be to a river in the vicinity of Pemaquid as now designated ; so that even if it
were known that this document found among Hakluyt's papers belongs to an ear-
lier date than the narrative of the Popham colony, we have not an earlier mention
of Pemaquid than that which the. Popham narrative contains.


while there promised to accompany Capt. Gilbert "to
the ryver of penobskott whear the bashabe remayn-
eth." On account of contrary winds Gilbert was not
able to reach Pemaquid at the appointed time, and
when he came " into the ry ver of pemaquid thear to
call nahanada & skidwarres as we had promyste them
but beinge thear aryved we found no Lyvinge Crea-
ture they all wear gon from hence the w*^^ we per-
seavinge presently depted towards the ryver of penob-
skott." This, however, they were unable to find.

The narrative makes it j^lain, therefore, that in 1607
Pemaquid was inhabited only by Indians. No evi-
dences of an earlier European civilization were dis-
covered by these earliest settlers upon our coast, and
no report concerning any European colonization at
this point came to them through the Indians.



Bead before the Maine HUtorical Society, September 7, 189^.

Yesterday we were tracing out the dimmed paths
of eager, restless men — explorer, trader, settler, war-
rior, ruler — who made history. Of that history, it is
our pungent regret, only fragments exist, yet they
furnish broken outlines of the whole. By their aid the
visitor can view the changing scenes at Pemaquid, —
primitive forests, seamen and their ships, fisher boats,
brush shelters, rude dwellings, shops, warehouses, busy


wharves, forts, and next their ruins, assault and can-
nonade, groups of men, the tawny and the white,
tlieir leaders Nahanada, Madockawando, Castine, Shurt,
Phips, Iberville, Dunbar and the rest. Fancy can
take what exists, a page fully written here, a line, a
word there, a relic, the scarred soil, and reconstruct
according to her mood and knowledge.

A century had passed from Cabot's voyage, four-
score years since Gomez sailed out from the Penobscot
by Monhegan, and still not a hamlet of Europeans
north of Florida. A new century opened, marked
by the accession of the Stuarts to the throne of Eng-
land. It was to be a century of new-world settle-
ments. In its first quarter are comprised the begin-
nings of Pemaquid's history.

A few words will outline events therein definitely
known: — Weymouth's ship and visit; visits of Pop-
ham's men ; trading-ship of Francis Popham ; Capt.
John Smith's alliance with Nahanada ; patent issued
to John Pierce in 1C21 ; trading and fishing ships in
1622-23 ; purchase of the soil in 1625. Also events
closely associated, and persons who came near or vis-
ited the Pemaquid Peninsula, deserve mention: —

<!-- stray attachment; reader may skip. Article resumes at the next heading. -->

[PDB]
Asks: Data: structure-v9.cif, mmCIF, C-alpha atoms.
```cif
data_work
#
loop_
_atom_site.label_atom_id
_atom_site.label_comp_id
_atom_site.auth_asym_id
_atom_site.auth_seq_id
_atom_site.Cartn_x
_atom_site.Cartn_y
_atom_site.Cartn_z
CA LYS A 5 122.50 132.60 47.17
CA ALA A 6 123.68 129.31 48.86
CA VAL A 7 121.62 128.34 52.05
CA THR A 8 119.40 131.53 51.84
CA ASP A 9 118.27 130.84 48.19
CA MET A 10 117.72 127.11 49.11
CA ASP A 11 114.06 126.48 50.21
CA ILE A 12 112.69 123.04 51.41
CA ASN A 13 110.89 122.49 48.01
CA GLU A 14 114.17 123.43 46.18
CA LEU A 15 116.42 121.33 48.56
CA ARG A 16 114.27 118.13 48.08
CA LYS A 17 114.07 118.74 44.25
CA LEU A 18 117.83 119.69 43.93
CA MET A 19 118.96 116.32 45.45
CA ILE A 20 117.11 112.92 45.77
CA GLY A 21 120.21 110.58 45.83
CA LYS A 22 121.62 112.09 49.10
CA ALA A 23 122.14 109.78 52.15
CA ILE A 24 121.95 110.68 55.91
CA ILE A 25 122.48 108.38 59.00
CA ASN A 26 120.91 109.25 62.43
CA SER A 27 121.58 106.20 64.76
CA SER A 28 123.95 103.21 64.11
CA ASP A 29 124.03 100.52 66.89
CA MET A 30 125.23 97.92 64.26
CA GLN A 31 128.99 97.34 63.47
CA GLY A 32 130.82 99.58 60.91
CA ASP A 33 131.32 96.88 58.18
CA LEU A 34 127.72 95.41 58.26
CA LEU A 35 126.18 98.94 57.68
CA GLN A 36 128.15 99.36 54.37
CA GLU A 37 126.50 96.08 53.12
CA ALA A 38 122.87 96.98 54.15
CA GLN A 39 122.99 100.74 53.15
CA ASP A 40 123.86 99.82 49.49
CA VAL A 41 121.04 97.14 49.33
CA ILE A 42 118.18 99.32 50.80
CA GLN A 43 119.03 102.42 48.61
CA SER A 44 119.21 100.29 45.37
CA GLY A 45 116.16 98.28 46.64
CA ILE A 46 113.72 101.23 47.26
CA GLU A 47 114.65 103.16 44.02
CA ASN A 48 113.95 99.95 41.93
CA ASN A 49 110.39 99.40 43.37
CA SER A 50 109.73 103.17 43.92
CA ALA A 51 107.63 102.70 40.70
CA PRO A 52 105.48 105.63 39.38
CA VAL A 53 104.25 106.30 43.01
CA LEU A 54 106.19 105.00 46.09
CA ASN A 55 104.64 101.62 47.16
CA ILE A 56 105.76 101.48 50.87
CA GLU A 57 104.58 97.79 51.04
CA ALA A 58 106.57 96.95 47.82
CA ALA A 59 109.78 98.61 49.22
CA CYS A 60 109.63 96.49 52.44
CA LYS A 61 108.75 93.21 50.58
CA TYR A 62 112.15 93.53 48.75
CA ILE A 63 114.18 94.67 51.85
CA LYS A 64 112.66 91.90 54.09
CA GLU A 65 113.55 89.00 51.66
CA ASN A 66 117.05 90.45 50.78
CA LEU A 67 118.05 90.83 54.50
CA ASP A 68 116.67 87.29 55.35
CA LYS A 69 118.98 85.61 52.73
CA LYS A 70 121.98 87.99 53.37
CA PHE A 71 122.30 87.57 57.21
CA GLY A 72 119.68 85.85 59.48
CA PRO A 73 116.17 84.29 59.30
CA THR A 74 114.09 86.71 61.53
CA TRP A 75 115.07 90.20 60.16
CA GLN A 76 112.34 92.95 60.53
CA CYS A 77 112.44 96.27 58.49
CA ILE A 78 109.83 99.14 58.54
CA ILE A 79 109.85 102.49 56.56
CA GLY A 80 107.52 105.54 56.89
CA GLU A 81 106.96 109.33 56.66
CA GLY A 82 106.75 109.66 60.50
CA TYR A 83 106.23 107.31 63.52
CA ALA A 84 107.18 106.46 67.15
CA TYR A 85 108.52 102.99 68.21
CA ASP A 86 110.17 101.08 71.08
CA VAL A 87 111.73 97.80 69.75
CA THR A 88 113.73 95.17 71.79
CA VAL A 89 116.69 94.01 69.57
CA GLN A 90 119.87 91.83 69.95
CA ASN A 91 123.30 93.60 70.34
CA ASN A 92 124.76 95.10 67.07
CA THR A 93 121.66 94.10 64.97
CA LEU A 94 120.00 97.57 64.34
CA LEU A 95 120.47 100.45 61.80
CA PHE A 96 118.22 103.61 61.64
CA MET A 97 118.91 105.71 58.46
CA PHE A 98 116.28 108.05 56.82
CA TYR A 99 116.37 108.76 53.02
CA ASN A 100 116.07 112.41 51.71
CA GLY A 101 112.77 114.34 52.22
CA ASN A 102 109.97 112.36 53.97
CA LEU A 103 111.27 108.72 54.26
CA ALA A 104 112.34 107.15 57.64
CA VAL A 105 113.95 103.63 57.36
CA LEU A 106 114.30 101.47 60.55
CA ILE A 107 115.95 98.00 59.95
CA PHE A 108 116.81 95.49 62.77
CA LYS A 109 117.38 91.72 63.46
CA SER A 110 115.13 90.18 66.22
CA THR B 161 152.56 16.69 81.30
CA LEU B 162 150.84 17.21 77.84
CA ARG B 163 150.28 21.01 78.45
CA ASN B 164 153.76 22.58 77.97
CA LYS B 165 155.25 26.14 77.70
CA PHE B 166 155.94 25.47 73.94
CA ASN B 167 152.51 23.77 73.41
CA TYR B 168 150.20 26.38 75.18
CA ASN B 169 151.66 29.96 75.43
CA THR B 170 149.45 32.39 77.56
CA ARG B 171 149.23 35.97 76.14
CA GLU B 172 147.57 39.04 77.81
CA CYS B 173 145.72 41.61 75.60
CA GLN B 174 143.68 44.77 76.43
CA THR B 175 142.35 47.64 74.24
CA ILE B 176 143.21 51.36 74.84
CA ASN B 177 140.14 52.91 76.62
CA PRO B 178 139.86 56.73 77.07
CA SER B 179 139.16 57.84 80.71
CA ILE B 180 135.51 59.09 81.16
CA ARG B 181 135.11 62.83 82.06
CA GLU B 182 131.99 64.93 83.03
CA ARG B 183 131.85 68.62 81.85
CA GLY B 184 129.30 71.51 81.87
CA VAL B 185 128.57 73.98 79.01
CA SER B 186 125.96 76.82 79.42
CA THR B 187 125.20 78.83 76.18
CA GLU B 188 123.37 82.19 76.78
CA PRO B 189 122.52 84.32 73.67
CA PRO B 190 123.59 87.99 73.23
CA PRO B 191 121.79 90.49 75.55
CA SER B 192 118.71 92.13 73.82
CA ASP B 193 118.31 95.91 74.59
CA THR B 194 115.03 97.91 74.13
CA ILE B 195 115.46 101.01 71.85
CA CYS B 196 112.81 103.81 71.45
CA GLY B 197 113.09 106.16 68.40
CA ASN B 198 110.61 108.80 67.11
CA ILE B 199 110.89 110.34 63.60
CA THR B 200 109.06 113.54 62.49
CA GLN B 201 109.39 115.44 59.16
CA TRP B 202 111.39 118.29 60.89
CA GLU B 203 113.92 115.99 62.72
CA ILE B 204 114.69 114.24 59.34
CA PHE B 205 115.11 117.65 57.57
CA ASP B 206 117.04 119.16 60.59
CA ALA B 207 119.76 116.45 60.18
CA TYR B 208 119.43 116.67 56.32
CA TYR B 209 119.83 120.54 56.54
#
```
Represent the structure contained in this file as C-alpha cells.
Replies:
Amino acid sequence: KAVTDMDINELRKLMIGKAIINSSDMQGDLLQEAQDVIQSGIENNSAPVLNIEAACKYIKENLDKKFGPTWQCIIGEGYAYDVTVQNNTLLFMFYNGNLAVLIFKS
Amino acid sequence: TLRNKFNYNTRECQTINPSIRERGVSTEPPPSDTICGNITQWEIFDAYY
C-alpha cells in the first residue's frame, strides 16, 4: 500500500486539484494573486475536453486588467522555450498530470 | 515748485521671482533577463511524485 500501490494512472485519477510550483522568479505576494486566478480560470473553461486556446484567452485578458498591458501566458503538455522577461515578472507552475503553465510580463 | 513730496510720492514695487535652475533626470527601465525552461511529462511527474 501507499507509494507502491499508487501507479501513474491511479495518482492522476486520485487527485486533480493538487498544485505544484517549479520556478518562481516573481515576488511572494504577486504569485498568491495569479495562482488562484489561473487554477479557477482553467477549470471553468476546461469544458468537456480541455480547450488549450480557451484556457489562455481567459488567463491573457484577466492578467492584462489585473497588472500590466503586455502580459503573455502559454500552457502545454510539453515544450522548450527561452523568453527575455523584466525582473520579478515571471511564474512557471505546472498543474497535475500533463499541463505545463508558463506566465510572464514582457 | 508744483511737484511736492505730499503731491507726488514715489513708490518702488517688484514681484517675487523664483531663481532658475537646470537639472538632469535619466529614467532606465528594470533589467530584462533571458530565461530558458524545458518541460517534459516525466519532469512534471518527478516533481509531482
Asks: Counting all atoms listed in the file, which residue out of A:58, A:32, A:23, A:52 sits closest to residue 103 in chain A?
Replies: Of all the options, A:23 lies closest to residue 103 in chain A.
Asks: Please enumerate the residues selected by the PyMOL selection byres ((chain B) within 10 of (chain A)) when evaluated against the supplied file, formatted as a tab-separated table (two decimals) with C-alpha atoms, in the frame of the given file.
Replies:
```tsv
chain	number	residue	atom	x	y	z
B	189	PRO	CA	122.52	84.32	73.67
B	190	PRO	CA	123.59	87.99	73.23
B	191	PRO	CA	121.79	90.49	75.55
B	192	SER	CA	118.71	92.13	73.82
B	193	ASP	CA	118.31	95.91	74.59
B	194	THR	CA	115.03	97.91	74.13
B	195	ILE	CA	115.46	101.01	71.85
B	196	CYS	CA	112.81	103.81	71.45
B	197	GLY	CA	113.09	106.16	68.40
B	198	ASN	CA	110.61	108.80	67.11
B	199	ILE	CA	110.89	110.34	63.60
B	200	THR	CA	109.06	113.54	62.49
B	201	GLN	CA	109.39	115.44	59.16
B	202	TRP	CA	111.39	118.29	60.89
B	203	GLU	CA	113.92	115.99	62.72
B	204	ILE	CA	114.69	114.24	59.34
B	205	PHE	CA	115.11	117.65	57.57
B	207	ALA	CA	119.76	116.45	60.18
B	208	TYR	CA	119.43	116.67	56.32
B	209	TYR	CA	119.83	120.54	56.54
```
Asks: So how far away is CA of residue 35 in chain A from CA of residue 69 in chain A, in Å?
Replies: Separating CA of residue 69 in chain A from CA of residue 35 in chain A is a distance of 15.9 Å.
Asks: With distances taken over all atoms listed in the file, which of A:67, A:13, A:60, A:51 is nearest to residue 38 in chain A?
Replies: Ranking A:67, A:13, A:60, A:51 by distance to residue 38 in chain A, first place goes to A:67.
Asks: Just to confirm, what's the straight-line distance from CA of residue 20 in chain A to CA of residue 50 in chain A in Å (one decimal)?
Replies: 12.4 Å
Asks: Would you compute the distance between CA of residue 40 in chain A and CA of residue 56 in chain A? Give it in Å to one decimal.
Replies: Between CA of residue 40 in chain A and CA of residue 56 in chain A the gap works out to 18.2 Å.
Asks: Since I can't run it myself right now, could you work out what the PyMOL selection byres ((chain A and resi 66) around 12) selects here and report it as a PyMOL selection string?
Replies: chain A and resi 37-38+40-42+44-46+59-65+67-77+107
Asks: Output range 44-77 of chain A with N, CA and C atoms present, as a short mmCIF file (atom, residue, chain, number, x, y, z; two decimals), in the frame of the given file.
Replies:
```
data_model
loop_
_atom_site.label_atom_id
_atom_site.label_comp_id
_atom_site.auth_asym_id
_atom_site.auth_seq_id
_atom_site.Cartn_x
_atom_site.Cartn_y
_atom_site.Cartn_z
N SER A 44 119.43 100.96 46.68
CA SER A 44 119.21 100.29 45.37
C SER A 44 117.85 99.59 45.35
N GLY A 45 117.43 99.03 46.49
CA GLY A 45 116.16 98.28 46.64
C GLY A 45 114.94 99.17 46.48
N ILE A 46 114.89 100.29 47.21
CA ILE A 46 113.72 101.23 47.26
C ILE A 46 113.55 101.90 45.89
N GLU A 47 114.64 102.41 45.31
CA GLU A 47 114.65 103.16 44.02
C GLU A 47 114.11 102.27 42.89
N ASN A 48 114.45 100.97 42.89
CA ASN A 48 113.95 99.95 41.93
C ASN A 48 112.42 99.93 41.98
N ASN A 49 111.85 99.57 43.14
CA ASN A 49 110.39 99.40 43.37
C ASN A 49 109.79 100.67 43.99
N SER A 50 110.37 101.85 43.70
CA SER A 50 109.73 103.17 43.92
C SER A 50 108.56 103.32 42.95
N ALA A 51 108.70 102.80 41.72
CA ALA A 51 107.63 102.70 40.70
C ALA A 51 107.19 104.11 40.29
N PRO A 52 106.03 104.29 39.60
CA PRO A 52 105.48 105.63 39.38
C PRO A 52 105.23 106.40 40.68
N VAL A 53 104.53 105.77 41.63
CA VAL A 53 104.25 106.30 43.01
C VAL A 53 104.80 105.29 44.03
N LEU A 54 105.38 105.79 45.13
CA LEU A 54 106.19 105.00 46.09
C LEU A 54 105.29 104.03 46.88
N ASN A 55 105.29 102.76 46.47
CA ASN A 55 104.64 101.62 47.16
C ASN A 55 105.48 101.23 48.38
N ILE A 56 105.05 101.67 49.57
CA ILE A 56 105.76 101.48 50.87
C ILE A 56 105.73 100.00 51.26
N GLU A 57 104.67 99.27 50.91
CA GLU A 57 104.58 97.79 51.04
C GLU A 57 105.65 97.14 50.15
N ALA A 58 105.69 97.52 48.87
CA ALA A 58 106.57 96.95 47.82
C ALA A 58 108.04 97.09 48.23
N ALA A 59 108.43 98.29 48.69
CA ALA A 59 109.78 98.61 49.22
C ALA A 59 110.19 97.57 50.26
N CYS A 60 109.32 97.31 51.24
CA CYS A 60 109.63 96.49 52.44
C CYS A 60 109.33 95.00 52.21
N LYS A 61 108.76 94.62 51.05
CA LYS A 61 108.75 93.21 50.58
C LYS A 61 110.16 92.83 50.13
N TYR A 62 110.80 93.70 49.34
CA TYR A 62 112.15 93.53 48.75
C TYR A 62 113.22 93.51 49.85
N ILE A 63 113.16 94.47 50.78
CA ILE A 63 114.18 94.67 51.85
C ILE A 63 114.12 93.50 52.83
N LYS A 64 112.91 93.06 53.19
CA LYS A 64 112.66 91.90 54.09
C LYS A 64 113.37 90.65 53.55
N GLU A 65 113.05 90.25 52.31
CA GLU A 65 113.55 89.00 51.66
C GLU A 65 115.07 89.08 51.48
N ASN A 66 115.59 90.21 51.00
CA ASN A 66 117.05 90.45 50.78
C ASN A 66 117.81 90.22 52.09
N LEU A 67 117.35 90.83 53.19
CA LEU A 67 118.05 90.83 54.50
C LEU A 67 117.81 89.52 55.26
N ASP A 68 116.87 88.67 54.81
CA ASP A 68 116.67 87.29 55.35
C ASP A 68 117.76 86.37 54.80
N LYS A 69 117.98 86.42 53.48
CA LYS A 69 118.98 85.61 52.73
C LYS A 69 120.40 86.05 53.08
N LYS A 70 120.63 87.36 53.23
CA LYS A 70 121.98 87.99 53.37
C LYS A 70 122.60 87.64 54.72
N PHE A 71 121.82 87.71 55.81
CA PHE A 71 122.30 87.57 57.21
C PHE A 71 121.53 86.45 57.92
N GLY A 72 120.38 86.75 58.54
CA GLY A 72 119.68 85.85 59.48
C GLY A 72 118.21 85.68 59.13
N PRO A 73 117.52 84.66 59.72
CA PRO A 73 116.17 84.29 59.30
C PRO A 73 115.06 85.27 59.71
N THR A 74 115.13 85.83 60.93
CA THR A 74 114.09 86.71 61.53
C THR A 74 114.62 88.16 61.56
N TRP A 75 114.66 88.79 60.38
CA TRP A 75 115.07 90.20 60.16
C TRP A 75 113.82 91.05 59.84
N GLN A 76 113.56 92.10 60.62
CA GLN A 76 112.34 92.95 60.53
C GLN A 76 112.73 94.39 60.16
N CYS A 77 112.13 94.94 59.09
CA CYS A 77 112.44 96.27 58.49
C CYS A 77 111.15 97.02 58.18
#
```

Pring's voyage of 1603; Champlain's quest in 1604
ending and his shallop put about near by, and again
ranging past the next summer ; Hanham nnd Pring's
search in 1606; Biencourt and the Jesuit Biard in
1611 ; Smith's exploration and map-making in 1614.
To these add in the decade following the possible but
unknown : — traders, fishers, searchers for sites of set-
tlement, or others who anchored near or bivouacked


on shore, though all is hidden, for as Smith observes
of many sailing to this coast, "Their descriptions were
concealed or died with their authors." But in the
years 1621 to 1625 there can be seen, though dimly,
endeavors and enterprises which are taking form in
permanent occupation.

The foregoing represents all that history now teaches
concerning Pemaquid previous to 1625. Conjecture,
assumption, inference, vague belief, may hold to the
presence and operations of Europeans in that period
or actual entry upon the land, but historical materials
thus far discovered give no evidence, rather militate
ao-ainst the fact.


There are, indeed, opinions adverse to so barren a
history in that period. HoAvever first originated, they
have been elaborated and promulgated by various per-
sons, have been supported by sundry considerations
with insistence and repetition. They have assumed a
place in historical literature, have been frequently set
before the public eye in the newspapers, and been en-
forced on occasion in historical or popular assemblies.
It is believed they are quite widely diffused among
reading people, and have been accepted partially or
fully by many persons interested in the history of the
locality or the state.

Skillful weaving in fancies with facts has peopled
Pemaquid. It is alleged that Englishmen made seiz-
ure of its soil, and introduced colonial life a dozen
years anterior to the patent to John Pierce. By rare
powers of vision a ship was seen to enter St. John's
Bay ; a withered colony was landed, planted, and so


nursed and guarded as to maintain life. Errant fancy
on wings of theory, gathering dismembered facts, has
built up a showy fabric, though unsubstantial. At the
basis is laid the conceit that members of the Popham
company after the evacuation of Sagadahoc sought
out Pemaquid, and there renewed and maintained colo-
nial holdings on our coast. This view, if substantiated,
will make a true beginning of settlement in 1608, and
give to this place precedence in actual colonization on
the North Atlantic.

The question is one of fact : — Did such a colony,
even feeble, enter and hold the Pemaquid Peninsula ?
The main root, wdience has grown an affirmative
answer, is found in a line of history read and quoted
truly ; they, the managers at Sagadahoc, " sent back
to England all but forty-five." These, it is conceived,
took one ship and turned aside to Pemaquid, and the
colony began. The utter failure at Sagadahoc was

In examining this opinion it must first of all be
asked, why did its promulgators fail to read further
and find another line of equal history, — "they all re-
turned." Two separate departures are the lucid facts
of that Sagadahoc enterprise. At the opening of win-
ter a part went, leaving forty-five ; in the final disrup-